The New York Times thinks online patient reviews of doctors spouting dangerous anti-vaccination swill is the first place to express your concern, not the state licensing authority. I have always seen the value in such sites, but what have we become that we no longer think state medical boards care about science?
I stop and read when articles on the long term health implications of PM 2.5 exposure catch my eye. I follow the science, in this casual way, as well as the environmental action (or inaction) taken in response to the deleterious effects of decades of exposure to these tiny lung-damaging industrial particles.
And, I also casually track the discussion among long ago childhood friends on the lived experience we shared of growing up within the dreaded four kilometer range of a coal burning power plant. It ain’t pretty. Some see any criticism of what we were exposed to — living within the four kilometer range of not one but two coal burning power plants– as criticism of the hard work their blue collar parents did at dirty and sometimes dangerous work to achieve their modest financial stability. Others, of course, are terrified of what the data appears to show and what the patterns of disease and cause of death in their own families has shown them.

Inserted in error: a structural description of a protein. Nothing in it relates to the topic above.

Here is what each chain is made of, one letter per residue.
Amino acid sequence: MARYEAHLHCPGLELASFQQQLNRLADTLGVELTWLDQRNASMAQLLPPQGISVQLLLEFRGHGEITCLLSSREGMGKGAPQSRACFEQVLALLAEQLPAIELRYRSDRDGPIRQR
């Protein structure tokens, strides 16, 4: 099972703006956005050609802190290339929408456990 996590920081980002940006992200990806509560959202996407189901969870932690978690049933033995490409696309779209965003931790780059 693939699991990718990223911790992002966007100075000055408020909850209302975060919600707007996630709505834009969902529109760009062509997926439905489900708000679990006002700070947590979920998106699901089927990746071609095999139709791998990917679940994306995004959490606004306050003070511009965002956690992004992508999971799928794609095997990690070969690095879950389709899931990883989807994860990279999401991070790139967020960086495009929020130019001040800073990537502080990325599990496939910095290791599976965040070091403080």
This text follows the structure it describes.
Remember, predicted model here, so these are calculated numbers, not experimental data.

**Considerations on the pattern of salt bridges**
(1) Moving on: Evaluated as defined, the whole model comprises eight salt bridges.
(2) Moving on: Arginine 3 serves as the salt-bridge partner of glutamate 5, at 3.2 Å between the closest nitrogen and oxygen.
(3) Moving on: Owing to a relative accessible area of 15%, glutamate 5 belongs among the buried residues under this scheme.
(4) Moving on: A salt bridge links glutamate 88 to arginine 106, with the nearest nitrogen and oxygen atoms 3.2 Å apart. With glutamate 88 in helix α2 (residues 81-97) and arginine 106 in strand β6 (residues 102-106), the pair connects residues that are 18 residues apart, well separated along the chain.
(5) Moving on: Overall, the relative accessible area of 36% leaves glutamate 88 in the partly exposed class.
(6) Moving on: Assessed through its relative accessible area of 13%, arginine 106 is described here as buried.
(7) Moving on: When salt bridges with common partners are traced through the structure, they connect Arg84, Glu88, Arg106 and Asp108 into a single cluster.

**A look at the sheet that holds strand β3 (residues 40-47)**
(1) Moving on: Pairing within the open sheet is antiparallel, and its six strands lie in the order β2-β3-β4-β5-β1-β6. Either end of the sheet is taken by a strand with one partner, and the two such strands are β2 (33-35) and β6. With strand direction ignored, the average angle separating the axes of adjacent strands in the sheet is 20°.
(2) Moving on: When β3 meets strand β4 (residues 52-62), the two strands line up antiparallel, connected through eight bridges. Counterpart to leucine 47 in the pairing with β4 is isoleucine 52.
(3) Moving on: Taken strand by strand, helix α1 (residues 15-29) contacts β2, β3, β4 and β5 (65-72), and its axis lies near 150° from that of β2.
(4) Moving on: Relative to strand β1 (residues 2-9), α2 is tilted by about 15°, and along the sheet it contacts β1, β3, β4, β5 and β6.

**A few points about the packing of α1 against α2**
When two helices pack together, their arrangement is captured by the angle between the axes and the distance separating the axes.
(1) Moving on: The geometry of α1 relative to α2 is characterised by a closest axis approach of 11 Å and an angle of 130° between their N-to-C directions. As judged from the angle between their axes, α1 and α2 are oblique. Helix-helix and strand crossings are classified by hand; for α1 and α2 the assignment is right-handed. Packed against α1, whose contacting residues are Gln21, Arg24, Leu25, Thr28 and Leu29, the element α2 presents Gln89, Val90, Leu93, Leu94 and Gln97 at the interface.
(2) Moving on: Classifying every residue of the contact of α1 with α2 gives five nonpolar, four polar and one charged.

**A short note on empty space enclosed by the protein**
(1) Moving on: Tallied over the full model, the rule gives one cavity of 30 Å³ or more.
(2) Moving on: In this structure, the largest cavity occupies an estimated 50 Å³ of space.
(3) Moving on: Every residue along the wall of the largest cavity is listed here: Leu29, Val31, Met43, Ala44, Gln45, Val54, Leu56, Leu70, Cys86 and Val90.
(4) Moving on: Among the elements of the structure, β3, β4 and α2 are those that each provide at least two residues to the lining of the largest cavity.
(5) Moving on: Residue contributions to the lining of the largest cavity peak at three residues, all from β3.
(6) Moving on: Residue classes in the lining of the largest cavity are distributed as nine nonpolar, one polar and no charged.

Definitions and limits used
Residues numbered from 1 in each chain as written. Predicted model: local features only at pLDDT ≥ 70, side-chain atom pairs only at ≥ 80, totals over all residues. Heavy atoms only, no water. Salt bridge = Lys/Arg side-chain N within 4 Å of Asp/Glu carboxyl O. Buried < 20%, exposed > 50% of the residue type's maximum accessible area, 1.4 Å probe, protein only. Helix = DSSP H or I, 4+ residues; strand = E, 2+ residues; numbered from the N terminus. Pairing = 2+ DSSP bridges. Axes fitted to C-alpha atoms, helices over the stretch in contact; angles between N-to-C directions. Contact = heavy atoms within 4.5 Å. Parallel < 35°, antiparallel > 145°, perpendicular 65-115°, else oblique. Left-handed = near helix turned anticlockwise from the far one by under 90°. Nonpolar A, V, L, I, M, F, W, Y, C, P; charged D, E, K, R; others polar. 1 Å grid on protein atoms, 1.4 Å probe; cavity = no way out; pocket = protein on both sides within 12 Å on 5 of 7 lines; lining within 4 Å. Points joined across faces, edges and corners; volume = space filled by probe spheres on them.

COVID-19 may write the risk large, which is even harder to face.
Mr. Trump had no explanation for why his White House shut down the Directorate for Global Health Security and Biodefense established at the National Security Council in 2016 by President Barack Obama after the 2014 Ebola outbreak, stammering to suggest the coronavirus had been a surprise.
Maybe we should just start with, who is thinking — at all? Let's start there.